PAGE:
The facial nerve exits the base of the skull and then has a long tortuous course through the bone around the ear (temporal bone) and then fans out in five branches in the middle of the parotid gland just in front of the ear before going in to the facial muscles.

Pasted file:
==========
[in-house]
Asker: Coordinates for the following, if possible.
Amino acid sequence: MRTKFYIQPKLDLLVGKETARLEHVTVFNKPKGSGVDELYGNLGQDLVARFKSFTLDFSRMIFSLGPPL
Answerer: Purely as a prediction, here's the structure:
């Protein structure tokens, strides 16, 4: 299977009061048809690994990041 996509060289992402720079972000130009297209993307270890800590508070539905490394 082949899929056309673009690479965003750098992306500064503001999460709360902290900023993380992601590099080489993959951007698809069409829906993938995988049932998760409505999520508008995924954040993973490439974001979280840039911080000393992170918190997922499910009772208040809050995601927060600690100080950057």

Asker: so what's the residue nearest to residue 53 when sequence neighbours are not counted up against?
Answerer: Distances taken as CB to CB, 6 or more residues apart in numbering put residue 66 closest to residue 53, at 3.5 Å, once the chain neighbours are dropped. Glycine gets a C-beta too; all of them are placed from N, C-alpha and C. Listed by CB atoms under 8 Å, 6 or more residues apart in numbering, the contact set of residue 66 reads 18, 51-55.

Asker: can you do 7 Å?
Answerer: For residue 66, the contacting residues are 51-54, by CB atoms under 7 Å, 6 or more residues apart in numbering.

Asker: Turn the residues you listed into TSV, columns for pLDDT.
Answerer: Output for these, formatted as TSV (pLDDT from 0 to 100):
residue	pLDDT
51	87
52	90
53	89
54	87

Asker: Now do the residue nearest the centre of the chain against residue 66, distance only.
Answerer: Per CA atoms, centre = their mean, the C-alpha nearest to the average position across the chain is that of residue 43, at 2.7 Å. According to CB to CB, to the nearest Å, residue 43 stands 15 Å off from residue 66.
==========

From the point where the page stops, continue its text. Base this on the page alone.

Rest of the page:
The facial nerve can, therefore, be vulnerable (to different kinds of lumps or diseases) along its path. This will include skull base tumours, parotid gland tumours, ear disease, a stroke, trauma and viral herpes infections. Many times the cause for a facial weakness is never found and is then called Bell’s palsy. These patients usually get seen by an ENT surgeon. Fortunately, a lot of the time, the nerve function recovers on its own although this could take up to twelve months. Various treatments may be proposed to potentially help with the recovery of facial nerve weakness.